“I beat my body and make it my slave..”
I literally don’t remember at what point I came across this in scripture, but it has been on repeat in my head ever since—especially between the start of my workout to its sweaty finish.
In 1st Corinthians at the end of chapter 9, Paul is talking about the slavehood of an apostle—how he’s dedicated his life to winning souls. Here’s where you’ll find a popular verse about “running in such a way as to get the prize”. I feel like I’ve never really heard the verses that followed, possibly because I see the word “run” and check out. I kid. But verse 26+27 is what I can’t seem to look away from.
“Therefore I do not run like someone running aimlessly; I do not fight like a boxer beating the air. No, I beat my body and make it my slave…”
I understand Paul is speaking of God’s great commission here. I know this is an example of Paul loving God and loving people. Perhaps, just maybe though, it reveals a great truth that can be applied to life—and in my case, my health and fitness.
Whyyyyyy do we just assume life SHOULD be easy? Why do we live in a world where we quote Romans 8:28 and the good plans He has for us, but literally a few verses down from that says, “for your sake we face death all day long; we are considered as sheep to be slaughtered.”—and we don’t make that one our memory verses or slap it on a triblend shirt?
We literally strive to build up comforts around us. How can we make this day easier? Coffee. It wasn’t easy? Pizza. Or dessert. Or wine. I am the queen of comfort seeking. I’m not judging. I am the problem.
I don’t even think we consciously do this, but we are trained to expect, hope and pray for easy. I mean, if we paid attention for one second in scripture we would see all the greats had a life marked with suffering, culminating with the greatest sacrifice (and suffering) on the cross.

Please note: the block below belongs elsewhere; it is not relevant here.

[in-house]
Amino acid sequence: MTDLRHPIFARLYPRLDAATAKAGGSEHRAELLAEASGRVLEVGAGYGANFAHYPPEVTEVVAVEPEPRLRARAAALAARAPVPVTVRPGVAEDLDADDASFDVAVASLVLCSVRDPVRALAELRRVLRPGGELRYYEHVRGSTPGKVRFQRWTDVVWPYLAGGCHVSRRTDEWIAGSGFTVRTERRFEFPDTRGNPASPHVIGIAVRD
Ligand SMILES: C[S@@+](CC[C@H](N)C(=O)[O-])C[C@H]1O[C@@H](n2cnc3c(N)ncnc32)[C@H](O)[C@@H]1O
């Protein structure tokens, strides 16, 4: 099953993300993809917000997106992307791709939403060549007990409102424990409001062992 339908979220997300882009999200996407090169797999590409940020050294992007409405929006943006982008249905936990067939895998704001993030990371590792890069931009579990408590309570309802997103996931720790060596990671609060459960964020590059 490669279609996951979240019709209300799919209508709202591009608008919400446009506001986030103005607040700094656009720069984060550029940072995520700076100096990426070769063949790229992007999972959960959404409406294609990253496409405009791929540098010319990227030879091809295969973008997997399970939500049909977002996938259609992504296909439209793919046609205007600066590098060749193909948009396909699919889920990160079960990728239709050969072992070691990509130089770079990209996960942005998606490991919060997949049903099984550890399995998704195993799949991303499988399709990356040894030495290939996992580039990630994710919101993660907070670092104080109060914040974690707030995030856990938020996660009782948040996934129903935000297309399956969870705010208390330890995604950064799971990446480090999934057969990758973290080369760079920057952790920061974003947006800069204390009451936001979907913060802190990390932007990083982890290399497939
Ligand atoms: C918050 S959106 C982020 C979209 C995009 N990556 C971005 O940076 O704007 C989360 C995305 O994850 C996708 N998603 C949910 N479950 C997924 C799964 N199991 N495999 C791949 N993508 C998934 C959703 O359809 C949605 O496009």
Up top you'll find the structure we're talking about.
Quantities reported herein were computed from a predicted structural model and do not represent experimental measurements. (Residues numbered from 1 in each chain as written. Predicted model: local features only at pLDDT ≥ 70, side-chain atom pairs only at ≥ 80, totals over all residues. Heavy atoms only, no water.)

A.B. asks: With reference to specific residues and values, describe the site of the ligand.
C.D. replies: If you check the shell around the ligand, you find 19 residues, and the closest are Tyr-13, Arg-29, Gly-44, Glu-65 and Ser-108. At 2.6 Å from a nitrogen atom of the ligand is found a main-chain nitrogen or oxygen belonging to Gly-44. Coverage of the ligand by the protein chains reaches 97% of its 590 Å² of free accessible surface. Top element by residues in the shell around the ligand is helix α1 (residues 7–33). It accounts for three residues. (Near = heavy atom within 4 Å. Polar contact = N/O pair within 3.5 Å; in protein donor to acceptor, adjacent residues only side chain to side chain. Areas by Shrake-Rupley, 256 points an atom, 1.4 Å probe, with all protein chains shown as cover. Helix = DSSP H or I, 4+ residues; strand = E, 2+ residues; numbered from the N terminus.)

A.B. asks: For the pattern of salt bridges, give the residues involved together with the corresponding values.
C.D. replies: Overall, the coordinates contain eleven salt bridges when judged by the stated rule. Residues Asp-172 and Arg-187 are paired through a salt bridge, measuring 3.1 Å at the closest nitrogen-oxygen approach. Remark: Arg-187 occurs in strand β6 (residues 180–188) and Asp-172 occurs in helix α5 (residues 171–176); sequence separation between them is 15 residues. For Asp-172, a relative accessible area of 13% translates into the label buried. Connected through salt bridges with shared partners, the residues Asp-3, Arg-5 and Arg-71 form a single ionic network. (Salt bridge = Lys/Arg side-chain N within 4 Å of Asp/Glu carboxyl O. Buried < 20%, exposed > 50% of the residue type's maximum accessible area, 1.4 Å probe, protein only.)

Yet here I am, saying no to drive thru windows and expecting all the weight to melt off with ease. The other day in class, our trainer was warming us up, she went down for a squat and groaned in pain. It hit me. Workouts aren’t EASY for her either. It was Wednesday and she said she had done 20 classes. That’s not easy. She beats her body and makes it a slave.
I realize I’ve unknowingly prescribed to this notion that other people have it “easy”. That lie is damaging and it cheats us of so many things, namely joy but it also cheats us out of self esteem—thinking they possess something we don’t. We want what they have. We covet. We fantasize about it. What we don’t see is what sacrifice and hard work it took for them to get there.
Paul picked his hard. He disciplined his body toward a goal. Trainer gal picked her hard. She is disciplined. Jen can pick hard. I can be disciplined. I can do hard things. (You can too.)
So I guess what I’m trying to say is, there is power in not looking for easy. There is strength in expecting the hard. There is peace when we aren’t scared of the hard. And there is life change that occurs when we believe we were made for the hard.